First off, can we admit that it’s just a little creepy how Jonas grooms Fiona away from The Community so she can be his love interest, when in her drugged state, she comes across as something halfway between a child and a robot? When he first starts seeing colors and remembering the existence of love, he wants to bring her in on what he’s feeling, but there’s always an unsettling feeling that he’s doing it not for her, but out of frustration because he’s having, as the film says, “the stirrings,” and he wants her to stir back. When he kisses her, and she lacks any of the hormones to respond, it feels like he’s molesting a store mannequin, and getting frustrated because it isn’t on board with the program.
But that aside, the ending of this film is just inexplicably dumb. The book theorized that if Jonas left The Community, the memories he and the Giver held might slowly come back—an odd idea, since the Giver would still be there holding onto them, as he has been for decades. But given that there was no proof of the theory, the whole thing was theoretical anyway. In the film, Jonas flees and crosses the “Border Of Memory,” which causes everyone’s memories to slam back into place instantaneously—and then the story ends, right at the point where it might have gotten interesting.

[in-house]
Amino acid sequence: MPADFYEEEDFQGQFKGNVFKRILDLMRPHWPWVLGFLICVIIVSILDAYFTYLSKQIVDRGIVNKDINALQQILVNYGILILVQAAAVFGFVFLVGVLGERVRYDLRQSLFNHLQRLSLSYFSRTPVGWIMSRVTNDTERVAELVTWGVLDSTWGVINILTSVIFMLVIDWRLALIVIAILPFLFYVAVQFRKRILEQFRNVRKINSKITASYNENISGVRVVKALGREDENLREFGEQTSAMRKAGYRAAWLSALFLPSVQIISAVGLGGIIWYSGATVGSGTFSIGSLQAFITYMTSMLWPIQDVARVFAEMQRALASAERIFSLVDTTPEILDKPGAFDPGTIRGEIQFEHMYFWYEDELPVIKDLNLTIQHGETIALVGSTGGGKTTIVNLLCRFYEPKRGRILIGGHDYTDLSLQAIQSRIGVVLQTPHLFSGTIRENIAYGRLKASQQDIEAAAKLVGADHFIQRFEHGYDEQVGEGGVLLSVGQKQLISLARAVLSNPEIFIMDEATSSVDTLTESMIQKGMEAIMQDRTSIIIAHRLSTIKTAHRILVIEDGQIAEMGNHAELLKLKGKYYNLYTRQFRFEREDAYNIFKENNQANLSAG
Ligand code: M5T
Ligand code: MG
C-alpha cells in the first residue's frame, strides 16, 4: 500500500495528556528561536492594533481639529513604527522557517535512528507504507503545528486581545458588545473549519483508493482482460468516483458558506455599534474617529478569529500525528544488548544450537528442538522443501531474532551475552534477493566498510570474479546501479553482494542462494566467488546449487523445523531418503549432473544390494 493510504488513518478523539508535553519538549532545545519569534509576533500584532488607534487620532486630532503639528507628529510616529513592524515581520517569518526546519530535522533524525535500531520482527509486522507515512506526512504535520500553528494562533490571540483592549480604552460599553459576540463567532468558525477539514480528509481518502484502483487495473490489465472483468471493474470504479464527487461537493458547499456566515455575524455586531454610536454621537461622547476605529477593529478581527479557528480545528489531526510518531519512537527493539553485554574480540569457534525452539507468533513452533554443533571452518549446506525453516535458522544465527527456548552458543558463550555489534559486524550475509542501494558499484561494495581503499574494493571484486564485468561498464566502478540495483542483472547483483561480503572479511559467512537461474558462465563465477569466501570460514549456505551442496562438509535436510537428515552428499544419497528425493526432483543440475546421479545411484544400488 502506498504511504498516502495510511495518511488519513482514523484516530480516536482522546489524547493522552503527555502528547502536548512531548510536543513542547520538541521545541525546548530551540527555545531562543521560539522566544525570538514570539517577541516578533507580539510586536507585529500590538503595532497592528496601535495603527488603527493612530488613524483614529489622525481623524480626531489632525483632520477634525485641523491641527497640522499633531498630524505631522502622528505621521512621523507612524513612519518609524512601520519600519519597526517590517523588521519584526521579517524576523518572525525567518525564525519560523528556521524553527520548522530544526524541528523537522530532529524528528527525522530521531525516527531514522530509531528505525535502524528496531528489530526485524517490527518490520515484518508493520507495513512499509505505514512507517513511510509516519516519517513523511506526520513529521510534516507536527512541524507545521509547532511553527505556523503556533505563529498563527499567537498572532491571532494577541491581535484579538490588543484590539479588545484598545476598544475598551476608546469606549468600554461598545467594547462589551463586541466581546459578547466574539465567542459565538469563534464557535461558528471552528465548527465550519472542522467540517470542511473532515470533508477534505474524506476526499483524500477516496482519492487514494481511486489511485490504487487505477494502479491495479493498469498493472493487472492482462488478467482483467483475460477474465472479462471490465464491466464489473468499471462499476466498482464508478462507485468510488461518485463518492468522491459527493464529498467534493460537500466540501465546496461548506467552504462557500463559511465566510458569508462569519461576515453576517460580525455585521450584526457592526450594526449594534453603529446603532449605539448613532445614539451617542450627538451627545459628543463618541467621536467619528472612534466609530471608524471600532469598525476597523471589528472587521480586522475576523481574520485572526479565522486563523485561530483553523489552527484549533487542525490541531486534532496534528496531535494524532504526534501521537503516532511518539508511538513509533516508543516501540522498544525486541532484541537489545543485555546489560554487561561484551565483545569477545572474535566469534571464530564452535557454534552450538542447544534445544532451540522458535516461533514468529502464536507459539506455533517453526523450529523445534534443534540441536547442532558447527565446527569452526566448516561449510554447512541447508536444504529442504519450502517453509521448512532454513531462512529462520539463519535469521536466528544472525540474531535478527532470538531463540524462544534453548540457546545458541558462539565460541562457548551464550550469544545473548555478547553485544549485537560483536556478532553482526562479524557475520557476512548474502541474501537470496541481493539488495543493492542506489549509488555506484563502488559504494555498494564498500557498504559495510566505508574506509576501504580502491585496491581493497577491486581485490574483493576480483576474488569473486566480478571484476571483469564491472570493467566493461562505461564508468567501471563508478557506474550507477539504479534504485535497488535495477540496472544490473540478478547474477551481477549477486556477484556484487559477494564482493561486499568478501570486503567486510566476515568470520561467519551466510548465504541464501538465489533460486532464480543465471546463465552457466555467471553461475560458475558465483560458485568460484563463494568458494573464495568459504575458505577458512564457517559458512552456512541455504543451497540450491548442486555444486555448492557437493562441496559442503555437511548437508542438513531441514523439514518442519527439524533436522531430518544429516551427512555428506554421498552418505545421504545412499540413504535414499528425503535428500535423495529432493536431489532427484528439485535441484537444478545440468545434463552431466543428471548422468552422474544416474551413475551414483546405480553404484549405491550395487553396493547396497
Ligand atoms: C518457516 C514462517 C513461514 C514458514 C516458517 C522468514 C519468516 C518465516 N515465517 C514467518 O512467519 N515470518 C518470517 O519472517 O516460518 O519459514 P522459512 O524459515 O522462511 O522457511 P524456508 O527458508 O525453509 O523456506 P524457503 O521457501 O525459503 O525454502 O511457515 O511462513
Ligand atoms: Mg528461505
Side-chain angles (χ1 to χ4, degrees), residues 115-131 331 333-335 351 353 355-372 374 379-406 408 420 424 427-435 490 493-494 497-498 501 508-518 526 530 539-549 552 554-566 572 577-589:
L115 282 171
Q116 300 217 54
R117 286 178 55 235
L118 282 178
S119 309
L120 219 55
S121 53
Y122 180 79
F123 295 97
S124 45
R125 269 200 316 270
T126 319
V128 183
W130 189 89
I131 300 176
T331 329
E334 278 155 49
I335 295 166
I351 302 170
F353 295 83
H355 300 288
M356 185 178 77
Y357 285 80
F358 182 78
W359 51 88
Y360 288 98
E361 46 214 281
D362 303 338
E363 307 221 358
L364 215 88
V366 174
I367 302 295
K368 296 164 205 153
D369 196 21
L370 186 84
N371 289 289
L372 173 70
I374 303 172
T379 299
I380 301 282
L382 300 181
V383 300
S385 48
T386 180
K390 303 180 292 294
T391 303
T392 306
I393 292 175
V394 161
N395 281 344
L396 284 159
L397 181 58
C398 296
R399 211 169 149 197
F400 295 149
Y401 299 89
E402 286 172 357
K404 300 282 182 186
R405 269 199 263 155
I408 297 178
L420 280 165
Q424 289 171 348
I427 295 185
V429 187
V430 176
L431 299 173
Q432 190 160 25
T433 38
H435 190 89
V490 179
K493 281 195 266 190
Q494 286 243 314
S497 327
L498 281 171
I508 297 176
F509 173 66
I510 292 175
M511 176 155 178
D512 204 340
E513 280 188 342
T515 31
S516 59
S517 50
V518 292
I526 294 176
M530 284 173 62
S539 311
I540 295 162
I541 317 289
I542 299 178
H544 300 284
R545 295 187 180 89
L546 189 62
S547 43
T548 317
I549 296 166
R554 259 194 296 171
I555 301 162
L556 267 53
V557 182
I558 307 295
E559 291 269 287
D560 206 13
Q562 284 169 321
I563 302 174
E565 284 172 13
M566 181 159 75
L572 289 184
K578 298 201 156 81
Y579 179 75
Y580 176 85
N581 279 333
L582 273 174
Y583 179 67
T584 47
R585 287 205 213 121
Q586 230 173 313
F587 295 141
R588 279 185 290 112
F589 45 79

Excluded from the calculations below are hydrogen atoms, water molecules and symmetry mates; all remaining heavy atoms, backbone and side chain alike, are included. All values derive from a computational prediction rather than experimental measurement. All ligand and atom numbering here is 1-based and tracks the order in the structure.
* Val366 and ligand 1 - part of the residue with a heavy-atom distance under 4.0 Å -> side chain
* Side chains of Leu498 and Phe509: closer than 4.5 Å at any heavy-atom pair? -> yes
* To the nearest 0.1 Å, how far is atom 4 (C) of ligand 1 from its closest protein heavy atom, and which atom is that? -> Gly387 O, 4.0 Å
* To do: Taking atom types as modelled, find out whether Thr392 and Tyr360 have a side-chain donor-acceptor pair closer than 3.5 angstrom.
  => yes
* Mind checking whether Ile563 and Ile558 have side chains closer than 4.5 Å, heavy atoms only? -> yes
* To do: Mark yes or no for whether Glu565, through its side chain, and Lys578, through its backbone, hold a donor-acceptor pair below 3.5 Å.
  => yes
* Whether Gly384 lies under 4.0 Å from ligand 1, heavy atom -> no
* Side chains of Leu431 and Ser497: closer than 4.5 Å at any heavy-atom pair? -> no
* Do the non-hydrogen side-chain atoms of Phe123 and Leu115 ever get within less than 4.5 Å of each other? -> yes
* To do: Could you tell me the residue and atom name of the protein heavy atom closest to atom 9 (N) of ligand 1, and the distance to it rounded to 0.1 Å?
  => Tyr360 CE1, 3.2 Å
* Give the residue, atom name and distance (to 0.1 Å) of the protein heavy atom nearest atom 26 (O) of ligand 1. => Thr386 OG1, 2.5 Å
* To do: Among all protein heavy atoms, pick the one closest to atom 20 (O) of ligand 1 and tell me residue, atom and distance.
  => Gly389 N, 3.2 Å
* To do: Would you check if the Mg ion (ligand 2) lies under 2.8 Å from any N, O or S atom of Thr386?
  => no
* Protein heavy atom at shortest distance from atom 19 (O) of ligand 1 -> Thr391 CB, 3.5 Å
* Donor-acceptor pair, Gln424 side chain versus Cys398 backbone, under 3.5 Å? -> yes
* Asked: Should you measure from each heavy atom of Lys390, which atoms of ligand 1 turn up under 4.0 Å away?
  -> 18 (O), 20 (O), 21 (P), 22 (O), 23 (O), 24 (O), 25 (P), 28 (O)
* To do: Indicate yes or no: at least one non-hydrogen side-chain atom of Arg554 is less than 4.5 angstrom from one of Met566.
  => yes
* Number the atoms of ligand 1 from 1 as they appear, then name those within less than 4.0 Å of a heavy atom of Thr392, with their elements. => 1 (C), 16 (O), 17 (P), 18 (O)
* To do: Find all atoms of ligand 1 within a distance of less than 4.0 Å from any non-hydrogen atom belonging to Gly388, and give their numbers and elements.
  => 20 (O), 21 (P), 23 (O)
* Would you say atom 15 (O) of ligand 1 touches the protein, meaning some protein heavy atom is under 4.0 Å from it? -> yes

More frustrating, though, is that Jonas somehow turns up at the house he saw in the Giver’s ancient memory of snow—an almost gingerbread-like cottage in the woods, with singing coming from inside. It’s a pretty picture, and one almost-kind-of taken from the end of the book. But given that he experienced it earlier as a long-distant memory, the fact that he’s there now, again, in the present, makes not the slightest whit of sense. It’s a puzzler destined to go down on the same Bafflement List as the end of Tim Burton’s Planet Of The Apes—assuming anyone remembers this boring, trend-following cash-grab of a movie six months from now.